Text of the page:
The religion department at Montclair State hosted a conversation through Skype last month with Dr. Larycia Hawkins, a professor who made headlines recently because of social media posts she made about Islam.
Hawkins worked for nine years as a tenured political science professor at Wheaton College in Illinois, a Christian liberal-arts institution which follows “the evangelical Protestant tradition,” according to their website.
In December 2015, Hawkins posted a message on Facebook about standing in solidarity with Muslims after the terrorist attacks in San Bernadino, California. In it, she referenced the fact that Pope Francis said that Christians and Muslims worship the same God.
Additionally, Hawkins decided to wear a hijab as another sign of her support of Muslims. She wore the head-covering during the Advent season, the four weeks leading up to Christmas that Christians often observe as a holy time and posted pictures of herself on Facebook wearing the hijab.
Hawkins’ posts gathered attention in the Wheaton community and beyond, and soon, her post went viral, causing the administration of the institution to respond. She was put on paid administrative leave “in order to give more time to explore theological implications of her recent public statements concerning Christianity and Islam,” according to a press release from the college.
Hawkins and Wheaton College mutually parted ways two months after this incident. She is currently at the Institute for Advanced Studies in Culture at the University of Virginia, where she focuses on the relationships of race and religion.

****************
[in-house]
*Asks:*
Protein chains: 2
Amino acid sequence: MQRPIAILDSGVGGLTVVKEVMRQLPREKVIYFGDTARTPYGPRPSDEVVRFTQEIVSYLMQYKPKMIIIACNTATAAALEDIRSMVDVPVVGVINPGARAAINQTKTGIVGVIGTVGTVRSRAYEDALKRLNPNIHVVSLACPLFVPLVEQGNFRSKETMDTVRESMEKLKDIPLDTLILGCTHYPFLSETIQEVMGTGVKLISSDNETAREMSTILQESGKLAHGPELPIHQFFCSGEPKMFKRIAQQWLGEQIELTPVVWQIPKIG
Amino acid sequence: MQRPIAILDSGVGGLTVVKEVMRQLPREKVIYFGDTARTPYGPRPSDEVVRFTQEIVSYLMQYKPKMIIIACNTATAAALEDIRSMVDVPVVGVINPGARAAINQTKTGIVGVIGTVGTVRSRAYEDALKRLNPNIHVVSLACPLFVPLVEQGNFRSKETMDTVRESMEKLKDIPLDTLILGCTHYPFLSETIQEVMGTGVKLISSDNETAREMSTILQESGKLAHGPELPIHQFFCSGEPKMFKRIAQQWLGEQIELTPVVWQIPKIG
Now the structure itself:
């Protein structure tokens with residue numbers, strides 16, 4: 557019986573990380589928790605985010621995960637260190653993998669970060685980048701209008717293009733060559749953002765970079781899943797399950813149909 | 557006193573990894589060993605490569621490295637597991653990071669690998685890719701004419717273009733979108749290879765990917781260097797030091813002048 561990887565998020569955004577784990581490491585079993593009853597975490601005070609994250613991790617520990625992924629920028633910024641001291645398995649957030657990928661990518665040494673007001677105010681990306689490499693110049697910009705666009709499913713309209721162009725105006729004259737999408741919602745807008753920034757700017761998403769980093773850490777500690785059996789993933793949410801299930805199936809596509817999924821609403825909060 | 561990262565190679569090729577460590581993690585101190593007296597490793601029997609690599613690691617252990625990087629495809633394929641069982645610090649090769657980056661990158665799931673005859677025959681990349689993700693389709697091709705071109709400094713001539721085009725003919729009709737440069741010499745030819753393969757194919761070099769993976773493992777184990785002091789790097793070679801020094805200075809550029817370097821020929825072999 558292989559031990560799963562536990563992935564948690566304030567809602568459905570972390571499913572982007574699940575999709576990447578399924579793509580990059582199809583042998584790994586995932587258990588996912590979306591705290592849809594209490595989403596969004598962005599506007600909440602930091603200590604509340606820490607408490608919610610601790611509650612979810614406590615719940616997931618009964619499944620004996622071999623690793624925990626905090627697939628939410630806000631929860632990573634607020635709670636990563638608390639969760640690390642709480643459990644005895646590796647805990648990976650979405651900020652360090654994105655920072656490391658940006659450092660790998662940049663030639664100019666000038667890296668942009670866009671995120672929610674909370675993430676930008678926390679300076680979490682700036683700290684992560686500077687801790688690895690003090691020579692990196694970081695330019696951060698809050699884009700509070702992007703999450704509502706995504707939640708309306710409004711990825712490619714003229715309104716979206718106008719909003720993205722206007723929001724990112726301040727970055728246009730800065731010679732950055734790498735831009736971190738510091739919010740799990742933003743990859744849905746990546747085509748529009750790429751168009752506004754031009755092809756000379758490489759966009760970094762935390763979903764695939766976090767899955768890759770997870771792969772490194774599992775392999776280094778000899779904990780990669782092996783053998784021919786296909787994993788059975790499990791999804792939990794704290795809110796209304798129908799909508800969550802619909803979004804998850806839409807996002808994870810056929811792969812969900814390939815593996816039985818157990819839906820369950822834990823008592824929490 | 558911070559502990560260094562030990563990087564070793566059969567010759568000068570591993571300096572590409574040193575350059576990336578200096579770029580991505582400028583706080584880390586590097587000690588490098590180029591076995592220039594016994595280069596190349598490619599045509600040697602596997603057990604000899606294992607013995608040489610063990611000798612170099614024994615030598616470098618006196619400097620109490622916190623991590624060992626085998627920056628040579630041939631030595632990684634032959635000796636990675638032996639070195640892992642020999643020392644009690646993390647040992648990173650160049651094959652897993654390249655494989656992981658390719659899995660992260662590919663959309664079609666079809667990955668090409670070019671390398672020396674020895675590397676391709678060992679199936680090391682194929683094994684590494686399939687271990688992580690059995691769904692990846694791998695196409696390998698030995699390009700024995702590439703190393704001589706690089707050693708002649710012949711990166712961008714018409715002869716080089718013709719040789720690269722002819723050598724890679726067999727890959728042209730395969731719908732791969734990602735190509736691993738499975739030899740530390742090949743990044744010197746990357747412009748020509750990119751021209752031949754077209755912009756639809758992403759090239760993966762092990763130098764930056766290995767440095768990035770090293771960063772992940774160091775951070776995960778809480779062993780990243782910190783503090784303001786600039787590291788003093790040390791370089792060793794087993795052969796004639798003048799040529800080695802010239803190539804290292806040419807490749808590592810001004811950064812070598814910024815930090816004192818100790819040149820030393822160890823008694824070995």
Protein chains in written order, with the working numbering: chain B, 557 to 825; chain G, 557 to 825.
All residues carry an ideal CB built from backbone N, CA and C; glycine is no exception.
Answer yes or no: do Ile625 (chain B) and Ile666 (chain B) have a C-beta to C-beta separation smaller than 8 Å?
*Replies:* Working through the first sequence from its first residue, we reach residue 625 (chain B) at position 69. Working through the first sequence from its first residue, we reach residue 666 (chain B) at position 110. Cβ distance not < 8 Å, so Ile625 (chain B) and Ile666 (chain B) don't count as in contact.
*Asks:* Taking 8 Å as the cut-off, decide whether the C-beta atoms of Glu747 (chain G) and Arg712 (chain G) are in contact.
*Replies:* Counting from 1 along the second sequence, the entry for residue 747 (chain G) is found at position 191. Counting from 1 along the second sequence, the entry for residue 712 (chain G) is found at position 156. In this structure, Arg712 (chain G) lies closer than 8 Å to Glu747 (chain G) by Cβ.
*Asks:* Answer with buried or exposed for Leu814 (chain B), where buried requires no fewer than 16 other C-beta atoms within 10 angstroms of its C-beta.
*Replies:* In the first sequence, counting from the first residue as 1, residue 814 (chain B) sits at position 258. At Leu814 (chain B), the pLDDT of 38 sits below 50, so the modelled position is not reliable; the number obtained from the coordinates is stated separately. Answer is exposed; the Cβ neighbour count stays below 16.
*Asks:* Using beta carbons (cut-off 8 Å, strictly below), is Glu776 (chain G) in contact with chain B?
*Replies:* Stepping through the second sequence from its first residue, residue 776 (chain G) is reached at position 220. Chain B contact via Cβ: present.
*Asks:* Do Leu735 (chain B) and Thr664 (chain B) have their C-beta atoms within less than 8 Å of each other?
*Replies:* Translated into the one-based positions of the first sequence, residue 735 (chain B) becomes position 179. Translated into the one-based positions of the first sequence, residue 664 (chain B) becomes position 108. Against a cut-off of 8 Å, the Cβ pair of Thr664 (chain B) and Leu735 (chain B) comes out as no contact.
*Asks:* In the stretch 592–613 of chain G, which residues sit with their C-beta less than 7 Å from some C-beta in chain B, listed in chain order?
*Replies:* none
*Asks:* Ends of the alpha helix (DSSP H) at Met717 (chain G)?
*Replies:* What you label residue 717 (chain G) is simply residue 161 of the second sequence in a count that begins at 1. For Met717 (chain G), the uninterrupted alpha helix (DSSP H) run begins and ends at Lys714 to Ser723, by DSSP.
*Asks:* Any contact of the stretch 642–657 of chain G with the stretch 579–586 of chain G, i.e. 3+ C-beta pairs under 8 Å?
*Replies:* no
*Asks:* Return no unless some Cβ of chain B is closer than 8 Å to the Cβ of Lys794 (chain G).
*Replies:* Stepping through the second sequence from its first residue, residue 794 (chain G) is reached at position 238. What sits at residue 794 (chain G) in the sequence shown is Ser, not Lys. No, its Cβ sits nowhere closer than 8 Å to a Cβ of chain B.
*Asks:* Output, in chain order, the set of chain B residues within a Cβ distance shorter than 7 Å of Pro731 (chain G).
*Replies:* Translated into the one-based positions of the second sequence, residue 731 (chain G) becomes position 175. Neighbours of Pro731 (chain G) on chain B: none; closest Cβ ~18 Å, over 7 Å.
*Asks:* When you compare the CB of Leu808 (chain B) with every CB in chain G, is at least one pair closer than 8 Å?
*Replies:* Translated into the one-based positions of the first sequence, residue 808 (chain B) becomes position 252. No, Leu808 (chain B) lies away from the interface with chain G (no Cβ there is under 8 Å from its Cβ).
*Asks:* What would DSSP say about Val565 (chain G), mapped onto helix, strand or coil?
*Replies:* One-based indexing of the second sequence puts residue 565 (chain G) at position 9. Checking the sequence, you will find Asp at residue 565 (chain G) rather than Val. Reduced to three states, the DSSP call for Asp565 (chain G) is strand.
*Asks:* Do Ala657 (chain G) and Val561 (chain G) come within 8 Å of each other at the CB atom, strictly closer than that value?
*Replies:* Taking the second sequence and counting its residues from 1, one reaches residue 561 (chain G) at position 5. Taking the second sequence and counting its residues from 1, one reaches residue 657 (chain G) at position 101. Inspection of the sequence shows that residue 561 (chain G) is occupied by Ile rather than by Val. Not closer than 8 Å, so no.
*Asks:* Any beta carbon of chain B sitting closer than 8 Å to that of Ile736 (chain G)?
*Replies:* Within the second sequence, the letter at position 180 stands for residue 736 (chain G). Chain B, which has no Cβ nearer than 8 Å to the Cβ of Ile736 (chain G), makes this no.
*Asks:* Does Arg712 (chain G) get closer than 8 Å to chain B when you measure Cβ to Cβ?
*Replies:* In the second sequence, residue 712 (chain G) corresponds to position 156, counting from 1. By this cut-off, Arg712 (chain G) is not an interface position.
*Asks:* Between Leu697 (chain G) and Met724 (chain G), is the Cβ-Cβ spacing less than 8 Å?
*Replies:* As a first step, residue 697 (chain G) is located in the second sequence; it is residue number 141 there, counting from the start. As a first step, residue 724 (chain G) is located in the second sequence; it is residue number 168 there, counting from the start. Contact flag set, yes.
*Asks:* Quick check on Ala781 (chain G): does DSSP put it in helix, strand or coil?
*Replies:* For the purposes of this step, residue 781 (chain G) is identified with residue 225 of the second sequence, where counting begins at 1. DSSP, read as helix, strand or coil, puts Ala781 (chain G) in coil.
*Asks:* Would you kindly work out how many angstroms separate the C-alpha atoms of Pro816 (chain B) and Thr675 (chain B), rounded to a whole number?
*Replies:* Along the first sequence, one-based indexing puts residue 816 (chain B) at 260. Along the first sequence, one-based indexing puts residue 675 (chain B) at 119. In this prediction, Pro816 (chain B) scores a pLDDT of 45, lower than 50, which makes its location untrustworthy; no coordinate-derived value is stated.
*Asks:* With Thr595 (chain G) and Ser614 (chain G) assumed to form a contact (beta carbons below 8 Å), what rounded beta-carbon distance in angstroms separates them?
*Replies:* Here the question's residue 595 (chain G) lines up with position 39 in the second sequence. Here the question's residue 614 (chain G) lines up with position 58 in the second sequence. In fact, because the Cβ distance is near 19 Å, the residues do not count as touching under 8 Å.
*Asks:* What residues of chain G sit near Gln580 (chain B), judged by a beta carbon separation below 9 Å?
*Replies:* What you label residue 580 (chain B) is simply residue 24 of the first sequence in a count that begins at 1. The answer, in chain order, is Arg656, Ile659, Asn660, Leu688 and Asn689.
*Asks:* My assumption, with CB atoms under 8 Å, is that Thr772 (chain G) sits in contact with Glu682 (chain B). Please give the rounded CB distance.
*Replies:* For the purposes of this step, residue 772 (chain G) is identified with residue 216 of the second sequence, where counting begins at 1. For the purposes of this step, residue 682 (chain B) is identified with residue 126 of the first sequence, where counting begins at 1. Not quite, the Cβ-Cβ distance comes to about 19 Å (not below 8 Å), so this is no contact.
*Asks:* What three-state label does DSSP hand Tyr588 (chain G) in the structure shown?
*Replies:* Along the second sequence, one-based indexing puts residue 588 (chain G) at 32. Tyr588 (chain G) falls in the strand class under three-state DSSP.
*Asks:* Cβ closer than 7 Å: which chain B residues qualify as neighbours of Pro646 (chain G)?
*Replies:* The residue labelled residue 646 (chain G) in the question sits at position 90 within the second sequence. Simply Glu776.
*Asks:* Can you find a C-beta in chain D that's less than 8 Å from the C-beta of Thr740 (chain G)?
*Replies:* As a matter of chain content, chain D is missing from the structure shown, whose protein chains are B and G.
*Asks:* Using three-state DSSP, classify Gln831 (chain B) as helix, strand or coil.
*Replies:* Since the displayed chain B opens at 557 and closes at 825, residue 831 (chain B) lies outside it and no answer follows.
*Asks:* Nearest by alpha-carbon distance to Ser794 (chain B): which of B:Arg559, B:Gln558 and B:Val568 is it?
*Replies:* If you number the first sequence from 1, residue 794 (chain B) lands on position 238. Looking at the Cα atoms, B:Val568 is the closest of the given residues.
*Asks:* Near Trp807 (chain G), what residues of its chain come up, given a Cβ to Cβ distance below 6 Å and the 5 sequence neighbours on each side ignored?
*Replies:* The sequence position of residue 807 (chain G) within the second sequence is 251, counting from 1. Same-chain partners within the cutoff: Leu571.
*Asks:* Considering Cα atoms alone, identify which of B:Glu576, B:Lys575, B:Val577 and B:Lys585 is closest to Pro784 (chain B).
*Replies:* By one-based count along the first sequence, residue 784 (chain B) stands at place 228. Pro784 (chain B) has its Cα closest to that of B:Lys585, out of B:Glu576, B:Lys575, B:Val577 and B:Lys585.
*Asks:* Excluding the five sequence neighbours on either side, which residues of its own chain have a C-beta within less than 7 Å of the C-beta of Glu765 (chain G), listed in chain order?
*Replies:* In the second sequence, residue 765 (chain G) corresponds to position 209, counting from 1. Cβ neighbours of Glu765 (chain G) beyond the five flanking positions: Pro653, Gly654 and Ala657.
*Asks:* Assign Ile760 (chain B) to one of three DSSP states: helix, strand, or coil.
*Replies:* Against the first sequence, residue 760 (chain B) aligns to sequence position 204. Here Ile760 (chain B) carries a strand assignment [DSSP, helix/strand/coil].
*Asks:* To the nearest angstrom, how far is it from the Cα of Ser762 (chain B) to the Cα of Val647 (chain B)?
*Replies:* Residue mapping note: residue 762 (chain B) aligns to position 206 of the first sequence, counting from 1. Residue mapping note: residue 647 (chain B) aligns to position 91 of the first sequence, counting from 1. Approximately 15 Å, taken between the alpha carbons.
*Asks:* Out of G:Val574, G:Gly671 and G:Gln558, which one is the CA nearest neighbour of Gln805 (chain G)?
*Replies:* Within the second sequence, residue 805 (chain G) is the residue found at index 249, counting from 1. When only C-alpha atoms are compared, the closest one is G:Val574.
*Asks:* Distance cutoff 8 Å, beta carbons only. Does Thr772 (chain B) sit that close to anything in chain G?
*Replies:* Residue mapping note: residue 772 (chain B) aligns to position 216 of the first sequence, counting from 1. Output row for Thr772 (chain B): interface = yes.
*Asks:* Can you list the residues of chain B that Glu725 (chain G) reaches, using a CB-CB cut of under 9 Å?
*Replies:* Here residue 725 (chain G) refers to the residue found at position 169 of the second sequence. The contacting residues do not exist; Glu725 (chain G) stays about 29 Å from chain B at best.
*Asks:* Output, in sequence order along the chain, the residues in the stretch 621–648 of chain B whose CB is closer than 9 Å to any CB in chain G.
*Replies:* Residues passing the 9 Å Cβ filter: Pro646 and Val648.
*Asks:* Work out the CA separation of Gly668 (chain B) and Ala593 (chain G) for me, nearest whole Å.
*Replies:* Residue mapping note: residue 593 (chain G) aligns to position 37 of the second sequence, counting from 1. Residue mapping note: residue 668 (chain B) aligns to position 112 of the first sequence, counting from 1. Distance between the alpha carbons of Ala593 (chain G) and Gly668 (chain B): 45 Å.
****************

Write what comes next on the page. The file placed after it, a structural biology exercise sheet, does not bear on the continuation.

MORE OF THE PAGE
Montclair State’s conversation with Hawkins took place on March 23, and during this event, the professor was able to give her side of the story to the students, faculty and staff in attendance.
After Associate Professor of religion Mark Clatterbuck welcomed the attendants, there were whispers and much anxiety in the lecture hall leading up to the highly anticipated Skype call. “Is it video or just audio?” asked Clatterbuck while looking out to the audience.
Suddenly, a call came through. Students and professors pushed their seats forward to the desk to get a closer view of the screen. The audience saw Hawkins for the first time and began to wave their hands in the air to greet her.
“[The posts were] not a stunt,” said Hawkins during the call. “[They were] human solidarity, first and foremost, but secondly a sense of personal motivation from a sense of faith.”
Hawkins said that, as a Christian in the United States, she could put a hijab on and take it off, but she didn’t want it to be a social experiment. Hawkins stressed her desire to be in actual solidarity with women who were suffering.
Clatterbuck said that Hawkins spoke with a number of people associated with the Council for American-Islamic Relations before wearing the hijab during Advent, because she wanted to make sure that Muslims would regard her actions as a show of solidarity and not as offensive.
However, student Sally Shobut, a biology major at Montclair State was not sold, claiming that conservative Muslims will think Hawkins misunderstood the hijab.
Shobut said that wearing the hijab is not only about covering your hair but also about covering your body. Practicing modesty in Islam often means that women cannot show skin, wear tight clothes or perfume or get manicures and pedicures.
“In the United States, it is different, but rules change when you go to Saudi Arabia or a Muslim country,” said Shobut. “I think Christians and non-Muslims would look at me differently if I took [the hijab] off.”
Shobut went on to say that the hijab is a clear definition that a person is a Muslim, so it must be used in a proper way.
On the other hand, Chair of the department Dorothy Rogers said that Hawkins’ action of wearing the hijab was a much broader, universalistic view on the unity of humanity.